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If there’s one thing you can know for sure about the emperor Darius of Persia—and this is true whether you’re reading the historian Herodotus, the book of Daniel in the Bible, or Wikipedia—it’s that he was no softy. But having established that historical fact, let’s also stipulate that Darius was demonstrably too much of a pushover to be a good fit in the contemporary Obama administration. Show him the facts, and he was willing to change his mind.
What kind of emperor is that?
I can’t help thinking about Darius in a current Washington setting simply because he’s so obviously the first public figure who comes to mind as a guy who thinks it’s part of his duty to check up on the prayer lives of his citizens. Just like the Internal Revenue Service under Barack Obama, Darius considered it appropriate to scare the daylights out of people whenever someone said, “Let us pray.”
The difference, I say, between Darius then and the Obama IRS lieutenants now is that when Darius discovered the error of his ways, he confessed his wrongdoing and took dramatic steps to make things right. Through a highly public proclamation, Darius made it clear that Daniel was free to pray without restriction. And the people who had been so zealously snoopy about Daniel’s prayer life were gobbled alive by the very lions who were supposed to feast on Daniel.
When details in May began to confirm the report (see “Agent exegesis,” June 15, 2013) that the IRS had, in so many words, asked applicants for tax exemption to describe the exact contents of their prayers, a chill raced up the spines of millions of taxpayers. It’s one thing to have the IRS ask for documentation about charitable giving. It’s bad enough for Uncle Sam to inquire about what other boards your board of directors might serve on, or to ask how much your nonprofit is paying its top people. It’s outrageous—no, it’s past outrageous—for the powerful tax agency to share the list of your organization’s donors with the media and even with organizations that oppose you. The IRS has apparently been doing those kinds of things all along the way.
But for the IRS to stick its long tentacles into your prayer closet is something altogether new and frighteningly different. Prayer, by its very character and definition, is a highly personal, private, and even intimate activity. Prayer may once in a while find us at our boldest and most audacious. But much more typically, it exposes us at our weakest, most vulnerable, and unattractive moments.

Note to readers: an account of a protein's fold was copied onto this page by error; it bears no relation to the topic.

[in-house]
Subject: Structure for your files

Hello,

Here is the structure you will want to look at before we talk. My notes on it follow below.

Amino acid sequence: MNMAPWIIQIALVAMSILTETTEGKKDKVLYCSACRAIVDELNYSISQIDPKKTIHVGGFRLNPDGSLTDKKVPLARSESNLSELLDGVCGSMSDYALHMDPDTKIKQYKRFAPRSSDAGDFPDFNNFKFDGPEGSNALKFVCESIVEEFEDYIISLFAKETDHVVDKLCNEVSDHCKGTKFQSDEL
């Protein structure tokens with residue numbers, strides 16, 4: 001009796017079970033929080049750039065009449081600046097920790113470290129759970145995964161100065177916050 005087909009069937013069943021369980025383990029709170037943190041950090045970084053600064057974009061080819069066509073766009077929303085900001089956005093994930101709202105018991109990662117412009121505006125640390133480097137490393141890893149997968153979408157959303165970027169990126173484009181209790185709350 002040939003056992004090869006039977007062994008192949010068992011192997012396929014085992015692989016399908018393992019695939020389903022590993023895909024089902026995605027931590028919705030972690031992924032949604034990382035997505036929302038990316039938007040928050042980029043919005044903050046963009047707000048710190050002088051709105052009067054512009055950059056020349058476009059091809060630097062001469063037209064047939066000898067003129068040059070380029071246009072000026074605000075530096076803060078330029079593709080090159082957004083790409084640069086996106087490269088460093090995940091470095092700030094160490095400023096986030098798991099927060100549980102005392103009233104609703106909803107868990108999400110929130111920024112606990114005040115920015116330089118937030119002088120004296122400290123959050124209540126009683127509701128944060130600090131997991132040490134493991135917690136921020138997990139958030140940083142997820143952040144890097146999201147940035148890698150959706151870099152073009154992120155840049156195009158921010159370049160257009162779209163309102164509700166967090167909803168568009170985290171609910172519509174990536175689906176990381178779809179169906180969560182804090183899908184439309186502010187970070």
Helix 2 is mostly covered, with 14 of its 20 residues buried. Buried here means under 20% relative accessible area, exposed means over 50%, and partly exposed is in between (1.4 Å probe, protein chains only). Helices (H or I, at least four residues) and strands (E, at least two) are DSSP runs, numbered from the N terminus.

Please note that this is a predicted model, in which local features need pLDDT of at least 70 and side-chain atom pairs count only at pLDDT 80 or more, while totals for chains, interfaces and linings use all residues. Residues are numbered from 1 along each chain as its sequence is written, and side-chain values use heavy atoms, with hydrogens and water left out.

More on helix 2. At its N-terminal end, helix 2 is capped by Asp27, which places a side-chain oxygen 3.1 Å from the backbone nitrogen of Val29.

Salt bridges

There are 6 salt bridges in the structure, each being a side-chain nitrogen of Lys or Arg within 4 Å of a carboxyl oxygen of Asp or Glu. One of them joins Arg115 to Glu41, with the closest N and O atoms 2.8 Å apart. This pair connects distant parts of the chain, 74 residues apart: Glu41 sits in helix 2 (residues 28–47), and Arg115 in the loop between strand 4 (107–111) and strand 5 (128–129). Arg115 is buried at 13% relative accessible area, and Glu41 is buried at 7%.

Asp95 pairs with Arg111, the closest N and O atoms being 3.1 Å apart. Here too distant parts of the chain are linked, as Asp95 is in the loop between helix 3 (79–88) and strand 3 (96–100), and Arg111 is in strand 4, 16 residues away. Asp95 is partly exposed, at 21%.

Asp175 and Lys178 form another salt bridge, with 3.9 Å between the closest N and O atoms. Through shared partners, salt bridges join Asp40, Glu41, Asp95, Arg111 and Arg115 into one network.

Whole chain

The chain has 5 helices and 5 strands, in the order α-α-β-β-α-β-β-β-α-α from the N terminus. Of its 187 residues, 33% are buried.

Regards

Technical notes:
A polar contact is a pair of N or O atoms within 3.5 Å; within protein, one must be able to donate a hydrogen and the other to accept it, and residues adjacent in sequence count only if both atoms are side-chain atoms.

Prayer is for beggars. It is for needy down-and-outers. Very often, it is for the desperate—those who are so far gone they can’t think of any alternative. That’s why they’re praying in the first place.
There are those, of course, whose first thought when encountering such a pitiable soul is to call in the nearest governmental agency. They get annoyed when folks turn to the supernatural for answers. They love to think they can concoct humanistic solutions to all of life’s problems. So it appealed to Darius’ sense of pride and competency when some of his aides suggested that if anyone tried to do an end run on Darius, and got caught seeking help from some other source, that person should be ever so severely punished. After all, they said, you gotta watch these people who look to some invisible God for help in hard times.
The story spilling out of our current IRS is alarming on many fronts—but none more unsettling than the in-your-face threat to the First Amendment’s guarantee that government will do nothing to limit the free exercise of religion. When, as part of that scenario, we learn that the same folks are scheduled to take over the management of our new healthcare system, it’s understandable when you see uneasiness turning to terror.
Darius had the good sense 2,400 years ago to say he was wrong. Darius, in fact, issued a decree: “In all my royal dominion,” he said, “people are to tremble and fear before the God of Daniel, for He is the living God, enduring forever. His kingdom shall never be destroyed, and His dominion shall be to the end.”
No, I don’t expect anything quite like that from the IRS. It would be nice, though, to hear them admit they were wrong.